Calera teen races barrels on blind horse

Published 1:20 pm Friday, November 15, 2013

Brooke Bailey competes in rodeos with her horse Jaspur, who went blind in May. (Reporter Photo/Jon Goering)

Brooke Bailey competes in rodeos with her horse Jaspur, who went blind in May. (Reporter Photo/Jon Goering)


CALERA – It was May 6 at a practice that Brooke Bailey noticed something wasn’t right with her horse. Bailey, 17, races barrels with her horse Jaspur, and that day it was as if Jaspur wasn’t seeing the barrels.

“On May 9, we took him to our vet in Pell City, and he did an ultrasound on (Jaspur) and showed us that his retinas are completed detached,” Bailey said of her 13-year-old horse. “(The vet) said he doesn’t know how he’s seeing at all, if so. He said it’s like he’s looking out of a pin hole in his top left eye.”

When she got Jasper on New Year’s Eve of last year, Bailey had already been told he could go blind within a year or two.

“When we got him, my grandfather told us that if he went blind, we were just going to have to put him down because nobody is going to buy a blind horse,” she said. “Most people say when they turn blind, they just get so dangerous and scared that you can’t do anything with them. So the day we found out that he was completely blind, I rode him almost in tears because I thought my grandfather was going to put my horse down, but luckily he didn’t do that to me.

“The vet just told (my grandfather) it’s going to be dangerous, but as long as he’s stopping when I tell him to stop, it’ll be okay.”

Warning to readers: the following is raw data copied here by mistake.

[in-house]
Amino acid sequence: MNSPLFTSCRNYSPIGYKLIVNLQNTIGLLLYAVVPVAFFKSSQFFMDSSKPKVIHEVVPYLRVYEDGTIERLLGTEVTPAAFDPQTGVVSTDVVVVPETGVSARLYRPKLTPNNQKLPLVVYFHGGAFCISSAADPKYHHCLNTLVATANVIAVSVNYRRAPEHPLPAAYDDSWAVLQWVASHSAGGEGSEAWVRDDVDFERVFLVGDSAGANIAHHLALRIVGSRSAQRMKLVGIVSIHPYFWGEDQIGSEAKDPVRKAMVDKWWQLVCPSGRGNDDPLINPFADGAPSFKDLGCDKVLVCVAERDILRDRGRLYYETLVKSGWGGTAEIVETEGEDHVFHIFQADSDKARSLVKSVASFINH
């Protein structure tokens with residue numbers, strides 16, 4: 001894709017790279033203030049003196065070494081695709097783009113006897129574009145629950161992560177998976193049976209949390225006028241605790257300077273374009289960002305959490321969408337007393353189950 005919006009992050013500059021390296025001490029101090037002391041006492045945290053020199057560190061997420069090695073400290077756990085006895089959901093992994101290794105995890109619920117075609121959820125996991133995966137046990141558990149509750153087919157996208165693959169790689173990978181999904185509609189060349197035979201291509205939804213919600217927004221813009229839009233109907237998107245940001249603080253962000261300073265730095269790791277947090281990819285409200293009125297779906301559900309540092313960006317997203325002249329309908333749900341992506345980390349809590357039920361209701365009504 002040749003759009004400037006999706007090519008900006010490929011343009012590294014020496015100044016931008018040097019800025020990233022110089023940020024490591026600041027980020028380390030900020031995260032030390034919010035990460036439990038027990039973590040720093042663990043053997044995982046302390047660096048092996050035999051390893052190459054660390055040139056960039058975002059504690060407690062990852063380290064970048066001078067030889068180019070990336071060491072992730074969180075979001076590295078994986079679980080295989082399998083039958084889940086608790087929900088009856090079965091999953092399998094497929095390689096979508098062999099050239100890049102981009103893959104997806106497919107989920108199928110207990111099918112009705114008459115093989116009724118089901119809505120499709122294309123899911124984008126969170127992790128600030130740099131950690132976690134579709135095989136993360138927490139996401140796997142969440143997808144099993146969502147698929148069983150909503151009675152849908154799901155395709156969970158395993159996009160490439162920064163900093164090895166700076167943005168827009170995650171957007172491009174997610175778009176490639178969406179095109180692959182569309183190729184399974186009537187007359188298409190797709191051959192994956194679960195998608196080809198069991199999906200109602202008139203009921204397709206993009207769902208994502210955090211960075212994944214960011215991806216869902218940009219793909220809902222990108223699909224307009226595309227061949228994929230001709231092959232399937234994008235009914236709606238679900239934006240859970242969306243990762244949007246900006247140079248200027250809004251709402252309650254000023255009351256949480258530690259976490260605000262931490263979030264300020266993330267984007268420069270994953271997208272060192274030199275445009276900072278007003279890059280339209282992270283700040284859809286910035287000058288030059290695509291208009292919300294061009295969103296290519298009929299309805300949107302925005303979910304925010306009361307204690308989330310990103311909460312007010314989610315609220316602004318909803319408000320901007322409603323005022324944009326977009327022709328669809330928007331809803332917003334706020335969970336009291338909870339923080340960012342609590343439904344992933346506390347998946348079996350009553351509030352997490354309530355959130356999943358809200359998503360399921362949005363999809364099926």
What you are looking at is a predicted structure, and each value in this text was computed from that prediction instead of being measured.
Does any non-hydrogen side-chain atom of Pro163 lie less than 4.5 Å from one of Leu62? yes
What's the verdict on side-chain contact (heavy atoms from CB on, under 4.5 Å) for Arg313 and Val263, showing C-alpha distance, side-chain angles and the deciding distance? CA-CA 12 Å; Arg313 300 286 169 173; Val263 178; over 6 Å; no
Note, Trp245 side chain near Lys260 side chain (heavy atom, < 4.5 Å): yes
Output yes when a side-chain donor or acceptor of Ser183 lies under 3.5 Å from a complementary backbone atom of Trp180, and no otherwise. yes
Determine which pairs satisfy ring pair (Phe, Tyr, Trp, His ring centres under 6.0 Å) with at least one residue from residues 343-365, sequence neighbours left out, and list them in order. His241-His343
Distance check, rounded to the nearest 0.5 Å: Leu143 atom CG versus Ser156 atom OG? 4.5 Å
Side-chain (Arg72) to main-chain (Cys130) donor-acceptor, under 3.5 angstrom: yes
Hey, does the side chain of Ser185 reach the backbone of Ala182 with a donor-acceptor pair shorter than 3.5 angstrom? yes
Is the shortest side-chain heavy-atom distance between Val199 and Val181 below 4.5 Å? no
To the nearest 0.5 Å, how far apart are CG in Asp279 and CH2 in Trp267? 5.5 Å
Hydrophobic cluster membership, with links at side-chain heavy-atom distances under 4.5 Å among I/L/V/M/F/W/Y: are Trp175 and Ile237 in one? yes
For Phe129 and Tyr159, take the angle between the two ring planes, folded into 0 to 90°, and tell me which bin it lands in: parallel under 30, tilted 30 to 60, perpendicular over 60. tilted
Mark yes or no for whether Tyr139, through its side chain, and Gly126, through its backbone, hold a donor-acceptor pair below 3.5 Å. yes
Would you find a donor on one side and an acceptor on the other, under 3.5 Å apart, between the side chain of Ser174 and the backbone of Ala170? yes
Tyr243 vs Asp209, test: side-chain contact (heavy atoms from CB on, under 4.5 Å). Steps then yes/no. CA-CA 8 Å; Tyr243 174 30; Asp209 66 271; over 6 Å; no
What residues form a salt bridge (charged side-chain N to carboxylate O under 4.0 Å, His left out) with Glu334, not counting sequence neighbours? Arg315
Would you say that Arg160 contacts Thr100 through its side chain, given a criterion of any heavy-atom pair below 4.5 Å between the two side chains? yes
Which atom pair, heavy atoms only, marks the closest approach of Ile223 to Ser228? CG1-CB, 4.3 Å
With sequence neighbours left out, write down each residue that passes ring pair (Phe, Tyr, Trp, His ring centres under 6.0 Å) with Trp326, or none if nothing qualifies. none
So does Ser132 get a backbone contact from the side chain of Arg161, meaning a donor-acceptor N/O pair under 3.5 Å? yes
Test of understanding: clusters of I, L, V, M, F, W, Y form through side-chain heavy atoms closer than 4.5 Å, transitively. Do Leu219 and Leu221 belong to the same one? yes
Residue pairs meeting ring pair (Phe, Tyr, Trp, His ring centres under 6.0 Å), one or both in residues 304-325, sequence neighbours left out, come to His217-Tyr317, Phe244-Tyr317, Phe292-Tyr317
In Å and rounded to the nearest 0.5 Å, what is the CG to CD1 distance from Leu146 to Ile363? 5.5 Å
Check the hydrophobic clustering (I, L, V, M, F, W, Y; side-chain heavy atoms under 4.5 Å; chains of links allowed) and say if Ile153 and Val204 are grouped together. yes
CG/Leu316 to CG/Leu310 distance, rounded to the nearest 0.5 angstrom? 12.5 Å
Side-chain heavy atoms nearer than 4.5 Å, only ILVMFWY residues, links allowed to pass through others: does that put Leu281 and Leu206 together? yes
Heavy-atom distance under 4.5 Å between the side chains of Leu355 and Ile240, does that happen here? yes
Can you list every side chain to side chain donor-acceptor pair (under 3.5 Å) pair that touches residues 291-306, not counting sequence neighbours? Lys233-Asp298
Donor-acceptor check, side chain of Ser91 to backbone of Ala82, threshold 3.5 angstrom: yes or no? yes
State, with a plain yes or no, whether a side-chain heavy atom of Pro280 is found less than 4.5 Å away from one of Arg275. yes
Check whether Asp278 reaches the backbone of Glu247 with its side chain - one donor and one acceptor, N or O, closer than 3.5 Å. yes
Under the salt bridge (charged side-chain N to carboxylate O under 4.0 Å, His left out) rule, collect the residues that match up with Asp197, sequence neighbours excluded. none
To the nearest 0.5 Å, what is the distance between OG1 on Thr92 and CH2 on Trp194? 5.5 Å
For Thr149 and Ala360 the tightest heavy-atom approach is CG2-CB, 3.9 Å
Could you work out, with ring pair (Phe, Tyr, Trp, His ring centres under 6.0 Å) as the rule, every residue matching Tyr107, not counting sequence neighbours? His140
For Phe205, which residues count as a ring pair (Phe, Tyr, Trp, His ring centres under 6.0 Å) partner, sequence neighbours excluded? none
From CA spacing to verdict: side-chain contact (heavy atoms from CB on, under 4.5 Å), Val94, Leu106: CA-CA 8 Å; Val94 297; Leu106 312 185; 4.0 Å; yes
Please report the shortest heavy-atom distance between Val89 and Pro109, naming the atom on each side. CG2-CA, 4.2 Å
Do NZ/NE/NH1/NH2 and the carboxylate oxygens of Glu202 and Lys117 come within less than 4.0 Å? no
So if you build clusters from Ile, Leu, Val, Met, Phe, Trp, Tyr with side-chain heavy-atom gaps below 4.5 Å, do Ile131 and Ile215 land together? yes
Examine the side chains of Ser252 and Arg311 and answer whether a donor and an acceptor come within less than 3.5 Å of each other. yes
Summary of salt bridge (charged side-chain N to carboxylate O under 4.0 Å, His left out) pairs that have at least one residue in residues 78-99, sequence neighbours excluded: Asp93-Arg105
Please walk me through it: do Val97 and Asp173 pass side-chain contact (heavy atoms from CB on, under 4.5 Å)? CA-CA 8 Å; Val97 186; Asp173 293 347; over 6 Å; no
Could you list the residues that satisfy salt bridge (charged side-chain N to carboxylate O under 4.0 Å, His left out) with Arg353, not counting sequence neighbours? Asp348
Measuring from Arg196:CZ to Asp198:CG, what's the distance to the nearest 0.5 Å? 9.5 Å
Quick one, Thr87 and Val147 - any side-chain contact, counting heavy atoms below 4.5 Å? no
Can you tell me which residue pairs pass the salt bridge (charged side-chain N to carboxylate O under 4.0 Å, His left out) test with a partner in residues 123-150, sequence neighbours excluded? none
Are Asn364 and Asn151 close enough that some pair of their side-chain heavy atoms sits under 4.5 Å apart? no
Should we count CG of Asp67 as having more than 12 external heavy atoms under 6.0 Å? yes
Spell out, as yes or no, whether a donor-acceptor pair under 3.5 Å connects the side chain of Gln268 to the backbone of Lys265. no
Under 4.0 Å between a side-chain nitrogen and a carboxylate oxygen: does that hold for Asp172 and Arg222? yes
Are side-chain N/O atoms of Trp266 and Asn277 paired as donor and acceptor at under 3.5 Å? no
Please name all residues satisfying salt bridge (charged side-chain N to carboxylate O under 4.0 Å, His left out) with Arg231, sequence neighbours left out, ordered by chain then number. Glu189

So now, at rodeos, Bailey guides her horse using her reins, noting he’ll run straight over a barrel if she doesn’t tell him where it is.

“If something happens, it’s my fault,” she said laughing. “This past weekend, we were running and I went around a second barrel, and I didn’t have (my reins) in my hand, so he just takes off running across the arena. He knew he was supposed to be running, he just didn’t know where because I didn’t tell him.”

But racing blind hasn’t slowed them down. Despite hiccups, Jaspur finished sixth in the state high school rodeo finals just one month after he went completely blind, and Bailey said it’s rare for she and Jaspur not to place in the top four at rodeos.

“But even if we don’t ever win or place again because of his eyes, I would be perfectly fine with that,” she said. “As long as I have him, I’m happy. He’s by far the best horse I’ve ever had.”